But it’s not just training staff to deal with the technology. People change must also incorporate a general shift towards more customer-focused behaviours. As Gary Smith, director of 2020 Management, highlights: CRM programmes are business projects with an IT component as opposed to merely an IT project. “The much bigger area is the whole issue of people change,” he says. “Sure, you have to train people to use the system, but if the goal is to have better customer relationships and provide better customer service then whilst implementing a CRM system is part of that, you also need to train people to deal with the customer better.
"You have to ensure the right culture, the right attitudes and the right behaviour to deliver a service that the IT systems just enable. You must consider the cost of doing all of that. Companies sometimes think that you can just wave a magic wand and the IT system will improve things, but you have to make sure that people are behaving in a way that reflects the customer service that you want to deliver.”
A more structured approach
When it comes to underestimating the costs of CRM programmes, Boardman believes some blame rests with the vendors, and questions their motivations – “Vendors don’t go out of the way to help companies because a vendor’s sole focus in life is selling software and if they explained to you what was involved in implementing a system they would probably sell a lot less software.”
But he also stresses that the biggest downfall is lack of preparation on the organisation’s behalf. “Companies don’t really appreciate what goes into running a successful CRM system and they miss a lot of the costs that are hidden away – and that catches up with them,” he explains. “It doesn’t mean that they don’t fork out for the resources later on. But it generally means that they are doing without in the meantime and therefore there are a lot of systems out there that quite frankly aren’t doing a lot.”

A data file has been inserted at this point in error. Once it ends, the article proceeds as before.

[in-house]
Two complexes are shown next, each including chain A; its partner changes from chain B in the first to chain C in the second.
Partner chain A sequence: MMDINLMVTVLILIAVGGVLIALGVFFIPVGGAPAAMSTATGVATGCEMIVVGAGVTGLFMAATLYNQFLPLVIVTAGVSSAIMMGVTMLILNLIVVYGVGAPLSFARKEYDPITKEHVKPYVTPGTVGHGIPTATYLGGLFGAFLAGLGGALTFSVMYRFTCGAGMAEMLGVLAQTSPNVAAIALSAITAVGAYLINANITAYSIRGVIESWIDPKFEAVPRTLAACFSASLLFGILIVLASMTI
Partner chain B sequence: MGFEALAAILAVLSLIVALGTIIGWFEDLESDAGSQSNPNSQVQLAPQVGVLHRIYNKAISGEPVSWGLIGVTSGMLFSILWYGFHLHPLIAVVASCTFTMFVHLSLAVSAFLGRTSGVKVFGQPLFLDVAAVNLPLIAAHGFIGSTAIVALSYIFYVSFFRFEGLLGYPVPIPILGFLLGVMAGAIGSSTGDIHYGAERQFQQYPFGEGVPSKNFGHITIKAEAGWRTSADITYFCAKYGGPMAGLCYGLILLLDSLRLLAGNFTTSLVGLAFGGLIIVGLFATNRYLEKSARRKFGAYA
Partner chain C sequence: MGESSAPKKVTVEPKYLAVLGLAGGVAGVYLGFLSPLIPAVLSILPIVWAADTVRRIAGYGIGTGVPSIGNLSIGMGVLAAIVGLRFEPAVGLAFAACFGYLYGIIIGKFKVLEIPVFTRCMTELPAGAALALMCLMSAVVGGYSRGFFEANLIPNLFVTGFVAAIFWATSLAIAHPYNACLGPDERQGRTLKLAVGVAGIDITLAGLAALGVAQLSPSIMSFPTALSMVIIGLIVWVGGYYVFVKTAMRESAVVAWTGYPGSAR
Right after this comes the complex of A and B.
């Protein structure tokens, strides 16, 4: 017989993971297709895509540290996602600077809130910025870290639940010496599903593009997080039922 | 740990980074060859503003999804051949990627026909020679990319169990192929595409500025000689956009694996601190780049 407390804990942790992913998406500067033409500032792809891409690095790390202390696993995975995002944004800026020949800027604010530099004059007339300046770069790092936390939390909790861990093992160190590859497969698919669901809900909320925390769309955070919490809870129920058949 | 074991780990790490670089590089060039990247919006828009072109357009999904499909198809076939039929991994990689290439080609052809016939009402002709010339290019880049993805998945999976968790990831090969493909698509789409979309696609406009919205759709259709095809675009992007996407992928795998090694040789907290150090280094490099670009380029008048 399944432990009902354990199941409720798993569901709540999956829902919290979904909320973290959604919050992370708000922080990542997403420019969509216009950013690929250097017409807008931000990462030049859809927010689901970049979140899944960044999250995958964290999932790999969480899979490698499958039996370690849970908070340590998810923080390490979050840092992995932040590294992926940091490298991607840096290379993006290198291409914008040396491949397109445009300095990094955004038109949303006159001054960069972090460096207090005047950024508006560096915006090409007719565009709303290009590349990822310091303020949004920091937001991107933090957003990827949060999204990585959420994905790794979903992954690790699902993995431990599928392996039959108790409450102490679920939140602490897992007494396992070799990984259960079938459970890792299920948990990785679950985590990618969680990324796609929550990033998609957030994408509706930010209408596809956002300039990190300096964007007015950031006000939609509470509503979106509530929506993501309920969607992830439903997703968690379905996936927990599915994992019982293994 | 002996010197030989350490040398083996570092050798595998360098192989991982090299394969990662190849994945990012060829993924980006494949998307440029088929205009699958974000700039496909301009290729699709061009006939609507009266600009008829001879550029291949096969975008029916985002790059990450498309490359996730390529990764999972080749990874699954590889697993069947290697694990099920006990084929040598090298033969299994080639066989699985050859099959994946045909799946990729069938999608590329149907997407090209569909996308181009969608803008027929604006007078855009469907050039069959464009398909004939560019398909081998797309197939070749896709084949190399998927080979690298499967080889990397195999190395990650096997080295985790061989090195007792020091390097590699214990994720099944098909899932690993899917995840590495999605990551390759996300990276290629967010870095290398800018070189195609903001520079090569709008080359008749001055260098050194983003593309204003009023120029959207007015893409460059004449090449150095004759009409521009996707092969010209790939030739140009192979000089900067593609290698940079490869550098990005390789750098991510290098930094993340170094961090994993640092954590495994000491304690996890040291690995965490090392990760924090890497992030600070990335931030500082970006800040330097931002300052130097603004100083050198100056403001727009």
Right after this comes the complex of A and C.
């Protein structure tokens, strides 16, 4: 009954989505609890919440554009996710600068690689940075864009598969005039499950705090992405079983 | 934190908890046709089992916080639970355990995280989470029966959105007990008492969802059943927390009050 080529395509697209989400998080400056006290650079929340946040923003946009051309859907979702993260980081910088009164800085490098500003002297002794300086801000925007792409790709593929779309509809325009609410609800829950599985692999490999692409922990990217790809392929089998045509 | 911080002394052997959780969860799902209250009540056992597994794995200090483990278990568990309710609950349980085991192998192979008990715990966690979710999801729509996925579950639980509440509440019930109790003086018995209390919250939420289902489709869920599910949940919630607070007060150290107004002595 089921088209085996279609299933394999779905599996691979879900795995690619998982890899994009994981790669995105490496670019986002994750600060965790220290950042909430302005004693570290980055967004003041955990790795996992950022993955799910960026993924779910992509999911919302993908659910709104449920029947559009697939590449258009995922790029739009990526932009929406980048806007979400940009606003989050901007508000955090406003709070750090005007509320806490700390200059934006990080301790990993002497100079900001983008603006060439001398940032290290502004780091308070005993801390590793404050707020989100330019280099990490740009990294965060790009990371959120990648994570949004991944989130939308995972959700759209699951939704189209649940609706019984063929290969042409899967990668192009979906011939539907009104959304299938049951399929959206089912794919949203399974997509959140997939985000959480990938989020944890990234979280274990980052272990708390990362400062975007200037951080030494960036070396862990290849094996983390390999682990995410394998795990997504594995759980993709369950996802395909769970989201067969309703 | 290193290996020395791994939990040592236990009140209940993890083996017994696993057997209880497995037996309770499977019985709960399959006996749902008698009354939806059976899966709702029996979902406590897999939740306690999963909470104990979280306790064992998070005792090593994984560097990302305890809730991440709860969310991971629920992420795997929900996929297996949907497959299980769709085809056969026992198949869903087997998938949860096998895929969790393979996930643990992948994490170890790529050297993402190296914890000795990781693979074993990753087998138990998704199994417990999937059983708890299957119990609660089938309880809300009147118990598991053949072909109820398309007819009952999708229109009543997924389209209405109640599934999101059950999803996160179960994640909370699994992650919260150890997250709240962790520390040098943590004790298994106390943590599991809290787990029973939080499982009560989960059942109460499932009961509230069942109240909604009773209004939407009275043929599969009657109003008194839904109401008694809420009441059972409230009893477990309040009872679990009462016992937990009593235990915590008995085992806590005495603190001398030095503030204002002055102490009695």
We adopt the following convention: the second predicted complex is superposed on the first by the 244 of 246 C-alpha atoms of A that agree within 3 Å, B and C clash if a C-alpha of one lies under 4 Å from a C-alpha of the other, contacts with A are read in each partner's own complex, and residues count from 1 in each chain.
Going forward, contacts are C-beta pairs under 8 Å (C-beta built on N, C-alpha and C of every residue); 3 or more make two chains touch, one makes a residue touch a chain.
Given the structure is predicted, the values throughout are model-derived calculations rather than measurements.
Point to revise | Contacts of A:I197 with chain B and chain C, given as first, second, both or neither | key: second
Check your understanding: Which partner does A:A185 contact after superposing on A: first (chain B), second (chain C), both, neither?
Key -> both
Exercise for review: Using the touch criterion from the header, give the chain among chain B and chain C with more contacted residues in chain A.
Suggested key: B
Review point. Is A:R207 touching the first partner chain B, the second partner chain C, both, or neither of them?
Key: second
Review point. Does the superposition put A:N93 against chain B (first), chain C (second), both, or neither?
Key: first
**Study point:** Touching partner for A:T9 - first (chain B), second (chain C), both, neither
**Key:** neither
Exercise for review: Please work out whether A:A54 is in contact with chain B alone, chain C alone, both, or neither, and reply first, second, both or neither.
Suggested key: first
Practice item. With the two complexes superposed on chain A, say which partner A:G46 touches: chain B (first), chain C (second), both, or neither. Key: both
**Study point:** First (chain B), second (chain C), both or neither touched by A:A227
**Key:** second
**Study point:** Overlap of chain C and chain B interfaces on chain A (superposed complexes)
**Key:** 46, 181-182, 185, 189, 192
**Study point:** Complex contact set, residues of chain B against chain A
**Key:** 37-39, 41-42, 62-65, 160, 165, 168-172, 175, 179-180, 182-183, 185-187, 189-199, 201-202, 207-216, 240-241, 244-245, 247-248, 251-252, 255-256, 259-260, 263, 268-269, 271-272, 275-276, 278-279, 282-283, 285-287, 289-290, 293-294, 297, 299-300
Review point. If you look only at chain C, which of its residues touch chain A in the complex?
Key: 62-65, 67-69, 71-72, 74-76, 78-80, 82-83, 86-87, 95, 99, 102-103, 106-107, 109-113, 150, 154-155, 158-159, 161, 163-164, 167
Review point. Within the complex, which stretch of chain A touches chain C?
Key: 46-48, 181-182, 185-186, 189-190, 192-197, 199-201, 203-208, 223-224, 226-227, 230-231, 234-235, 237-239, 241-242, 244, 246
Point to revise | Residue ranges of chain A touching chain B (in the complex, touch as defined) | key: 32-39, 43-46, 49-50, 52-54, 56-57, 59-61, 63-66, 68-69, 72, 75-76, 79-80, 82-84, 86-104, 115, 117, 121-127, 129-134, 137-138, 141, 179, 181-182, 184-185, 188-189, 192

Smith agrees that preparation is the key and believes that most CRM projects are badly constructed, particularly when it comes to providing a clear definition of what the project is intended to deliver in terms of business capabilities. “If you can define what you want the company to be able to do as a result of the project, then you can define the benefits; if you can define what the company needs to be able to do as a result of the project, then you can define what you need to deliver in order to give it these capabilities,” he suggests.
“Companies often wrack their brains about the costs, but actually they should take a more structured approach and as a starting point define what you want to be able to do as a result of the project. If you are clear about that you can then be reasonably robust about the benefits and the costs. And you can’t consider the costs without building a decent benefit case to go with it.”
Forrester Research estimates that enterprises will spend nearly $11 billion annually on customer relationship management solutions to improve the customer experience and boost the productivity of frontline workers. The chastening early experiences of CRM investment are slowly fading from memory and firms are once again starting to loosen their wallets when it comes to customer relationship management. Nonetheless, there are plenty of nasty surprises lying in wait for firms if the cost process isn’t grasped.
Smith provides a checklist for a CRM programme cost plan. “You need to consider IT costs, licenses, costs of data cleaning, costs of implementation and managing the implementation, and I think often companies underestimate the amount of business input that is made, and it is an opportunity cost,” he concludes. “Then there is the matter of training, travel, getting people off of the road (if you are training salespeople) and into a room, and non-system training in terms of behaviour and so on. But the starting point is to work out what it is that you are trying to achieve – then work out the costs from that. Often that first important step can be missing.”